Our love affair with low-fat products could actually be doing us more harm than good. Bronwen King has the skinny on why.
Back in 2011, Denmark introduced a ‘fat tax’ on all foods containing more than 2.3 per cent saturated fat, and many said it was such a good idea that other countries would surely follow suit.
Yet, the Danish government recently abolished the tax. The move, they said, was financially motivated. But it has also become apparent the foods we’re eating in place of some of these ‘fatty foods’ may be doing us more harm than good. While some low-fat foods are useful for health and weight management (low-fat milk for example) many ‘light’ or ‘diet’ products are not necessarily lower in kilojoules. This means they could actually encourage weight gain rather than weight loss.
What replaces fat in food?
Let’s be honest, fat tastes good! It gives our food a luscious flavour and has a creamy, velvety mouth feel. When added into cooking, it can also provide a delicious crispness. So any replacement needs to have a similar effect, but with less fat and therefore fewer kilojoules.
Unfortunately, you’ll often find low-fat products have more carbohydrates and sugar and therefore almost the same number of kilojoules as the full fat products they’re replacing.
That’s because mimicking the properties of fat often requires a complex mix of replacements.
In reduced fat sweet foods, such as biscuits and cakes, fat is often replaced with sugars (dextrins, maltodextrins and sometimes corn syrup), along with modified starch and vegetable gums.
In low-fat dairy products, to get that lovely feeling of creaminess often means adding skim milk powder and vegetable gums. These increase the protein content of the product, which can help with satiety, and that is a positive. The issue is that extra sugar can sometimes be added to compensate for flavour. This is common in reduced-fat frozen desserts, fruit-flavoured yoghurts and ice-creams.
Adding sugars and modified starches to a food gives it a higher Glycaemic Index (GI). This means you may feel hungrier sooner after eating these reduced-fat products because they are digested faster. So, in the end you could eat more than you would have with a lower-GI food. Many reduced-fat sweet foods (whether it’s a cake, yoghurt or ice-cream) therefore aren’t likely to help when it comes to managing your weight.
In addition, they can reinforce a sweet food habit as your taste buds become accustomed to sweeter flavours, drawing you towards these foods more often, which also works against any weight loss efforts.
In savoury products, fat (particularly saturated fat from butter), is often replaced with vegetable oils, emulsifiers, vegetable gums and whey protein. Often the vegetable oils have been altered to be hard at room temperature to act more like butter. Using these means a product could be higher in unhealthy trans fats, which can raise your cholesterol levels.
How are we fooled?
Author Brian Wansink, in his book Mindless eating, why we eat more than we think (Random House), describes studies which show people assume low-fat versions of foods are also lower in kilojoules.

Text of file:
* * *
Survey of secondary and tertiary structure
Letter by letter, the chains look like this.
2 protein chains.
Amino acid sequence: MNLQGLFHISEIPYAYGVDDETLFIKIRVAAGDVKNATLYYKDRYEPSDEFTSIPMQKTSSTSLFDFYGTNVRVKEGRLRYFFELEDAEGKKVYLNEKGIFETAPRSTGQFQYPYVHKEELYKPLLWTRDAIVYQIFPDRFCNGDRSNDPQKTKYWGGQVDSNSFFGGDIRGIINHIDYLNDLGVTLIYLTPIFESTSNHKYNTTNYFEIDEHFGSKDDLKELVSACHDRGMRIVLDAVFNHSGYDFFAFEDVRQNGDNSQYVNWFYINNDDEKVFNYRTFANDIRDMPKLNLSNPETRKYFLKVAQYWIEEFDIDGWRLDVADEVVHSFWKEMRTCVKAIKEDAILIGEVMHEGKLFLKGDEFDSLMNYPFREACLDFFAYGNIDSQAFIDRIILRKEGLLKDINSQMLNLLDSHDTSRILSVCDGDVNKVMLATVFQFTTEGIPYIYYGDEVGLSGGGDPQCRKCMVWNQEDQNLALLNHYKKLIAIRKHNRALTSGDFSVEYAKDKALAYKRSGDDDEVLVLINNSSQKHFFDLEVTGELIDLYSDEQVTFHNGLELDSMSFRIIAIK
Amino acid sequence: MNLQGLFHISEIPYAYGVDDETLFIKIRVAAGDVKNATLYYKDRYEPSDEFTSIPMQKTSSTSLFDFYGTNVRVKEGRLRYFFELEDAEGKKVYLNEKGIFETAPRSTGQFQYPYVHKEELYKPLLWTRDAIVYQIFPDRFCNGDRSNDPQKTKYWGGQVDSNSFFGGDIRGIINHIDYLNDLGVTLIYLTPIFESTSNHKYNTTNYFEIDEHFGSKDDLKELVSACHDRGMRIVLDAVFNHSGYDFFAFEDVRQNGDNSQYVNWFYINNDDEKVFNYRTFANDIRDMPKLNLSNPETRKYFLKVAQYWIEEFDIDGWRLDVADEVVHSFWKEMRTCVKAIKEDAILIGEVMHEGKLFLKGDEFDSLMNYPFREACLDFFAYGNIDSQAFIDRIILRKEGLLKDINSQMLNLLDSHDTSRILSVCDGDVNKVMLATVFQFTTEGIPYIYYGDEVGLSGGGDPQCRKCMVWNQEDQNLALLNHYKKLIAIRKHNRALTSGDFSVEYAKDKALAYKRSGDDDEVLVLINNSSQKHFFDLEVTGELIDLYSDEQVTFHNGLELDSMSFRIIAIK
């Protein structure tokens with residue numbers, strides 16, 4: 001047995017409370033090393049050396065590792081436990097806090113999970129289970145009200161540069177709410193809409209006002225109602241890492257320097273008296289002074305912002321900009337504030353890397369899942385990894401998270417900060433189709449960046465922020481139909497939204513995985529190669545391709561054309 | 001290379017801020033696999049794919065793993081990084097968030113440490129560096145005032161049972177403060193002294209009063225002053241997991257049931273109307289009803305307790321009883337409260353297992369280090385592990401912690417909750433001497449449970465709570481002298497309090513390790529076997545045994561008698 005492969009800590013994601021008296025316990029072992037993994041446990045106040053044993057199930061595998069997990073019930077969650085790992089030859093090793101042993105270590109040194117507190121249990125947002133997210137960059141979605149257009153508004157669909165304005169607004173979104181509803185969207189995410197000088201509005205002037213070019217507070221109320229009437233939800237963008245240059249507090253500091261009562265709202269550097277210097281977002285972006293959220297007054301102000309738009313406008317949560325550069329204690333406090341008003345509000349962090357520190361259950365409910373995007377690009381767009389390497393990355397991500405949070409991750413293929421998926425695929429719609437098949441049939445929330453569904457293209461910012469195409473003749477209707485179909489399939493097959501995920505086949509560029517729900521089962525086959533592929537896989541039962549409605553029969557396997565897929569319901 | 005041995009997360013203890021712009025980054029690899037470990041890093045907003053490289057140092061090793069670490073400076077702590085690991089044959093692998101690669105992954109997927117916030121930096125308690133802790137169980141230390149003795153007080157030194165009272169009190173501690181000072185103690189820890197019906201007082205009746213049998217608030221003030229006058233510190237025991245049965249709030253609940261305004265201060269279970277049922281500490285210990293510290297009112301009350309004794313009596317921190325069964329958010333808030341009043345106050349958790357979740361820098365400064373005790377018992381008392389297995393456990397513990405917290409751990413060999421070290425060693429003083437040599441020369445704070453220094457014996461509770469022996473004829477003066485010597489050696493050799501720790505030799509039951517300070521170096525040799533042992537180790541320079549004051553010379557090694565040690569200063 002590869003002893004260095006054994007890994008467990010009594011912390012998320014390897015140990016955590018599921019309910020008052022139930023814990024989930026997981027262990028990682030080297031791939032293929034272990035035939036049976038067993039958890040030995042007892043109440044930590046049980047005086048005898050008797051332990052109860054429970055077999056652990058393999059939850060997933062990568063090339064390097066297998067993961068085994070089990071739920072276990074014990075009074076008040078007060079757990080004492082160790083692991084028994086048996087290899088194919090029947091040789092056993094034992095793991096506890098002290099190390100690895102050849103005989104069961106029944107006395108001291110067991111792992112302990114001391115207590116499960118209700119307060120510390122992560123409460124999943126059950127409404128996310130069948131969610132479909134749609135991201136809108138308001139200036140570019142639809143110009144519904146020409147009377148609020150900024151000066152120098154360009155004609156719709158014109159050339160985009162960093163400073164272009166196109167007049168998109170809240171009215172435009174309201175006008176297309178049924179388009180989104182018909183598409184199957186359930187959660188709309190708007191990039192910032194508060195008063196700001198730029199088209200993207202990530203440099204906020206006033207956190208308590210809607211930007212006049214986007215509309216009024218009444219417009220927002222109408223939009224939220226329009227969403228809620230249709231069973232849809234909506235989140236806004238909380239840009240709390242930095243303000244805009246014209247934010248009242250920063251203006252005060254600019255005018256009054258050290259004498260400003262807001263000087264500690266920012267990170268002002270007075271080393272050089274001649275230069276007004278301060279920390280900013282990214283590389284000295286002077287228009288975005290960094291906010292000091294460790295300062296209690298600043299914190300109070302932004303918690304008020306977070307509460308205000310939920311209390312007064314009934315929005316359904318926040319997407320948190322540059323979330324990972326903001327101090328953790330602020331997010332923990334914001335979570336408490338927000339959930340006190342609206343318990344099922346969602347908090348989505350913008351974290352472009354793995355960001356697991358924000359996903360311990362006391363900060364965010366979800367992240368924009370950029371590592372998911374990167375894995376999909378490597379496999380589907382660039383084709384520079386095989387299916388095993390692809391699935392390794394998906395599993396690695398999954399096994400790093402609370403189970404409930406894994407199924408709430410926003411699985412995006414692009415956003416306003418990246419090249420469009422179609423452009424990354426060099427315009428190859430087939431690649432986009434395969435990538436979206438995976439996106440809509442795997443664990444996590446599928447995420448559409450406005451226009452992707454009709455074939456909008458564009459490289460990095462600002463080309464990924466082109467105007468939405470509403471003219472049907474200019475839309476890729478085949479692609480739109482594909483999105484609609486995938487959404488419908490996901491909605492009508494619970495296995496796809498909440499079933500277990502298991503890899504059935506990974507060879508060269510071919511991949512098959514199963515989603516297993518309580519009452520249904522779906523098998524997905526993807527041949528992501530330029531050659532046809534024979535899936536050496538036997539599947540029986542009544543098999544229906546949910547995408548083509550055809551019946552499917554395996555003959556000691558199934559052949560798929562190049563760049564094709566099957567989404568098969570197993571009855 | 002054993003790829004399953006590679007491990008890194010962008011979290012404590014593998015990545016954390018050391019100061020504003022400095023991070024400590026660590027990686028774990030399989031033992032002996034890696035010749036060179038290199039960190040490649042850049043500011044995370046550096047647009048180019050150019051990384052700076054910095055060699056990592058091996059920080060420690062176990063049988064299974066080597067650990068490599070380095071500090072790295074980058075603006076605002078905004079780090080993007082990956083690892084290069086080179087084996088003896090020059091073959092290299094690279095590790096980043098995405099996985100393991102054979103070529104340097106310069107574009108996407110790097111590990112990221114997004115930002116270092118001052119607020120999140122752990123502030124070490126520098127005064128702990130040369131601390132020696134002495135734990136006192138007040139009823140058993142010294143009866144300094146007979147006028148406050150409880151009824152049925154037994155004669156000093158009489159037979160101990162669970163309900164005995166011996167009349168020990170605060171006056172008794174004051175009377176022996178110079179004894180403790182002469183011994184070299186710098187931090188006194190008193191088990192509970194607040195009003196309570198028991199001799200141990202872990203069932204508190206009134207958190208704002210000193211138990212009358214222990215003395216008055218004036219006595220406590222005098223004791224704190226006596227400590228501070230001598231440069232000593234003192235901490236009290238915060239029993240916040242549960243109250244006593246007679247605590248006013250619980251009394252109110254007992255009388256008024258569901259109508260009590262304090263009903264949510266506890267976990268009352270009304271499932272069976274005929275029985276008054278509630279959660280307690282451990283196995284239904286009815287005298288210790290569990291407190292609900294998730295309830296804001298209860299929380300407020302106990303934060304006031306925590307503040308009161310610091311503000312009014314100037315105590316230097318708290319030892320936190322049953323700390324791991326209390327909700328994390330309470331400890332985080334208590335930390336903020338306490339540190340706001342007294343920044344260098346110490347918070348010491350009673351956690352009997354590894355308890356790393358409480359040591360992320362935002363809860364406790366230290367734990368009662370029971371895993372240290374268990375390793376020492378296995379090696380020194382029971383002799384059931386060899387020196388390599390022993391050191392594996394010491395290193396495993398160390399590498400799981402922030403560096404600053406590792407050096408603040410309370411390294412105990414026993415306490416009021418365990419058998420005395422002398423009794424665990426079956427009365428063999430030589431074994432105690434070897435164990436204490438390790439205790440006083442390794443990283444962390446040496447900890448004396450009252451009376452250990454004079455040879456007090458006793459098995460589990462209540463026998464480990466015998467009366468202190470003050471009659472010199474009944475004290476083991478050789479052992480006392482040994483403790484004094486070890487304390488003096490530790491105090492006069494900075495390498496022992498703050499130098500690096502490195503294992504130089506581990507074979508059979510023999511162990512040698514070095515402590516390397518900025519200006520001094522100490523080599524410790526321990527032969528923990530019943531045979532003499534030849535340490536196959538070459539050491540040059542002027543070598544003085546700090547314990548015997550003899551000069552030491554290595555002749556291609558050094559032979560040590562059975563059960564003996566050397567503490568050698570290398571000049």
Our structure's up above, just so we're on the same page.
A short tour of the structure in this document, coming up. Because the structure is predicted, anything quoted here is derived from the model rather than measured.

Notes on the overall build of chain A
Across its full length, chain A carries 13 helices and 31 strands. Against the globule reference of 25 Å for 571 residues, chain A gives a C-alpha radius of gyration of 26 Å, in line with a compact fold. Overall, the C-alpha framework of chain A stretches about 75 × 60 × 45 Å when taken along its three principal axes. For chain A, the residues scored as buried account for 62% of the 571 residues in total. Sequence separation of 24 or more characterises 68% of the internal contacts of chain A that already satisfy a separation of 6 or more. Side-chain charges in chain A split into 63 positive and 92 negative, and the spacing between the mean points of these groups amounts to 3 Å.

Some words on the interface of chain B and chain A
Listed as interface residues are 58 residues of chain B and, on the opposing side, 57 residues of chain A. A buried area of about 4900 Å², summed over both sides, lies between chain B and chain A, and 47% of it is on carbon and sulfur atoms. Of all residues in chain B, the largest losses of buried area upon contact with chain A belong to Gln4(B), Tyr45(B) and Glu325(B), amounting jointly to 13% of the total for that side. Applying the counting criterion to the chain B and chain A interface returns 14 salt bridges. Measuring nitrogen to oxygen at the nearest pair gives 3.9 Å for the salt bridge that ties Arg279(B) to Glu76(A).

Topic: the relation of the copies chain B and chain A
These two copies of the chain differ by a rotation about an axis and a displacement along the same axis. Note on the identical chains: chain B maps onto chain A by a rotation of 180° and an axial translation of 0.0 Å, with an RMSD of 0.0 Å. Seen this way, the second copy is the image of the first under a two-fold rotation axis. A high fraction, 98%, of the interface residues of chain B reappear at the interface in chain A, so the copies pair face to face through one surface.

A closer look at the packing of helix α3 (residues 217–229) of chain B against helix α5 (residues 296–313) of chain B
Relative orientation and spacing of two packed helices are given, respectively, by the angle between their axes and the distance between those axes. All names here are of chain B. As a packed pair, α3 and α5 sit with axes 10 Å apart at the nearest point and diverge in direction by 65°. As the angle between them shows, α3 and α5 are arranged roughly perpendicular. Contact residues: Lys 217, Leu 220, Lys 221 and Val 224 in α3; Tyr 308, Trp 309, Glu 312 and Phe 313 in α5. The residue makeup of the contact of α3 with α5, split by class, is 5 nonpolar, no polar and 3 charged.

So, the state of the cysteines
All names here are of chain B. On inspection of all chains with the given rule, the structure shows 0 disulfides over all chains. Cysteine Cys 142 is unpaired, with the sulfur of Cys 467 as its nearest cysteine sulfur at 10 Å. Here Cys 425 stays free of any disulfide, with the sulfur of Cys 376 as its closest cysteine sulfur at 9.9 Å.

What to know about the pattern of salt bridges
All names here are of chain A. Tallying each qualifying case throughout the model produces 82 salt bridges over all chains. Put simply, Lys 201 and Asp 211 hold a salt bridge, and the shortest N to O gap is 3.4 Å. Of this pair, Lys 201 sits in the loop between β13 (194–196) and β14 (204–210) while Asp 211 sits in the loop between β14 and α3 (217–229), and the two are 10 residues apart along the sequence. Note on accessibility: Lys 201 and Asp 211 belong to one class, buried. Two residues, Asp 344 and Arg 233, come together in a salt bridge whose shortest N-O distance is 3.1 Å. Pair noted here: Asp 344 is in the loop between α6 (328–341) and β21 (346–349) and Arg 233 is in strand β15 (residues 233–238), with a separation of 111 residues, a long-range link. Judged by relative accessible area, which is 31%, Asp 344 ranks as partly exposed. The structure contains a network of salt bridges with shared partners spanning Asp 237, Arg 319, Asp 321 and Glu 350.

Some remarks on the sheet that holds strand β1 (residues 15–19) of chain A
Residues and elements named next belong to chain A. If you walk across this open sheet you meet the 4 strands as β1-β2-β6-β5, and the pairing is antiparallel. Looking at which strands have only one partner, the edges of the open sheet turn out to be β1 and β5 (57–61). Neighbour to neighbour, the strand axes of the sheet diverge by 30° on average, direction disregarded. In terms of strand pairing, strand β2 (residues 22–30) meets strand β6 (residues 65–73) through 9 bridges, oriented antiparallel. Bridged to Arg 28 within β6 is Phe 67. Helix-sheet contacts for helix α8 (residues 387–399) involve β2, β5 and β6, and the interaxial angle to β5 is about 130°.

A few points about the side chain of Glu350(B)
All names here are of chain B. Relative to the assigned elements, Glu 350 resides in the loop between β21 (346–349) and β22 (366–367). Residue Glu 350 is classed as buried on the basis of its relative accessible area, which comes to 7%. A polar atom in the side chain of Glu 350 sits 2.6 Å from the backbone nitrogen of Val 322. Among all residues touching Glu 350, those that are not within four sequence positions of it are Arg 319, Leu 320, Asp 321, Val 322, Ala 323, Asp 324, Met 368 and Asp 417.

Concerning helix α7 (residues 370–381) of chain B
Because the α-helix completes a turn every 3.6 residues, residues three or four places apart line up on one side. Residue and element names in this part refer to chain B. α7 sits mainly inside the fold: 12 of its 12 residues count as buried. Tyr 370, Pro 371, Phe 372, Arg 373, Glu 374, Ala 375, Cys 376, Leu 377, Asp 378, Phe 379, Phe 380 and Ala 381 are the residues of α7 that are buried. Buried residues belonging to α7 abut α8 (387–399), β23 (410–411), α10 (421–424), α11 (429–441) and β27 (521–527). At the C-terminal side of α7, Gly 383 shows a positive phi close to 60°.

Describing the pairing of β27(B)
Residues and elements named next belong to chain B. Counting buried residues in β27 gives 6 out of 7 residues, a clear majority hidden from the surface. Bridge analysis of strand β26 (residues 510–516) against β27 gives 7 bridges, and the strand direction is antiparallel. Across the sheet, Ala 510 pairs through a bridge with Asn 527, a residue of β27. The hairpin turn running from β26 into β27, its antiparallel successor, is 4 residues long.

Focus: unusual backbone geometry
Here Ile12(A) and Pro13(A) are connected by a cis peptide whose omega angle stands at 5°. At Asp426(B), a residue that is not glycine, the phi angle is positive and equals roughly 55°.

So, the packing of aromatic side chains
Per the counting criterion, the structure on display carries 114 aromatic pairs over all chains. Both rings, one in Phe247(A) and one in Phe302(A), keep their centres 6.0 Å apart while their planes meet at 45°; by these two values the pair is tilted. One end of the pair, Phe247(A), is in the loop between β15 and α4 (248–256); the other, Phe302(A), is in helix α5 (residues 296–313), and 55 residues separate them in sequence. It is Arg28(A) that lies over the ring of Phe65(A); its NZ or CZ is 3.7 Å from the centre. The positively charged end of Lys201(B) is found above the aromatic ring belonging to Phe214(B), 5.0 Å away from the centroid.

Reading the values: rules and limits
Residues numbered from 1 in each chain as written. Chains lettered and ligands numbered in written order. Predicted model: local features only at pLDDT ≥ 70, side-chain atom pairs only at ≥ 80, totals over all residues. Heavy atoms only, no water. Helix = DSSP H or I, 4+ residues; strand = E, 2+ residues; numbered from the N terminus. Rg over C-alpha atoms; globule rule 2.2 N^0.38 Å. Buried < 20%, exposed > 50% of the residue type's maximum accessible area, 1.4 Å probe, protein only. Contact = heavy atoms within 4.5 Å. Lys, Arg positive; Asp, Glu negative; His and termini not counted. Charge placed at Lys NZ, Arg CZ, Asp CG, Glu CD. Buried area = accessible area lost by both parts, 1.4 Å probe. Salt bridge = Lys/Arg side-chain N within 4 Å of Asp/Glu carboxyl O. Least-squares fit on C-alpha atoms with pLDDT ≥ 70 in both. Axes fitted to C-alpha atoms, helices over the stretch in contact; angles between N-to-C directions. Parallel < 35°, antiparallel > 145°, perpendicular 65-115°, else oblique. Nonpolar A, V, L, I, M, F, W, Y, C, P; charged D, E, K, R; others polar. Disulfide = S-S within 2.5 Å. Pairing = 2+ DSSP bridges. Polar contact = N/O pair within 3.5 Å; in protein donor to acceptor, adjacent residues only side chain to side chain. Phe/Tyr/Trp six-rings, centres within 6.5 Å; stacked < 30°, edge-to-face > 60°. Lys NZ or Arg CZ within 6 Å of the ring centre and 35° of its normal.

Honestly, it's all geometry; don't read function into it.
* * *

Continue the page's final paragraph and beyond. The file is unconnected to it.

So, when people were given foods marked as low-fat they ate around 25–44 per cent more than when foods were marked as regular fat. He estimates people perceive low-fat foods to have around 44 per cent less kilojoules than regular foods, but the reality is more like 11 per cent. He found when people chose low-fat products they felt virtuous. This ‘halo’ effect meant they were more likely to supersize their portions through a sense of ‘guilt-free’ entitlement.
Fat has the highest number of kilojoules per gram, compared to any other part of food. This is partly why, in the past, we’ve been encouraged to eat less fat to control our weight. But fat is actually essential in our diets – it’s the type of fat you need to worry about. Health experts are realising by extolling low-fat diets, people have misguidedly been dropping all fats, including the ‘good’, unsaturated fats as well.
“We need some fat in our diets because it comes packaged with fat-soluble nutrients – namely vitamins A, D, E and K,” explains nutritionist Amanda Ursell. “It’s also a valuable source of energy and provides the essential fatty acids our bodies can’t make on their own,” she adds.
A little fat helps our bodies absorb the antioxidants found in tomatoes, carrots and green leafy vegies, studies show.
Nuts, which are actually high in fat, can play an important role in prevention of long-term weight gain, evidence shows. And as part of a healthy, energy-controlled diet, they may even increase chances of weight loss.
It’s the type of fat that determines whether a food is a positive addition to your diet. Saturated and trans fats are the ones to avoid, as they tend to raise cholesterol levels, which can be especially harmful when it comes to heart health. Saturated fats are mainly found in animal products such as butter, cream, cheese, meat fat and also in processed foods that use these as ingredients (eg. biscuits, cakes and pastries). It’s also found in coconut and palm oil, which are often used in takeaway and some packaged foods.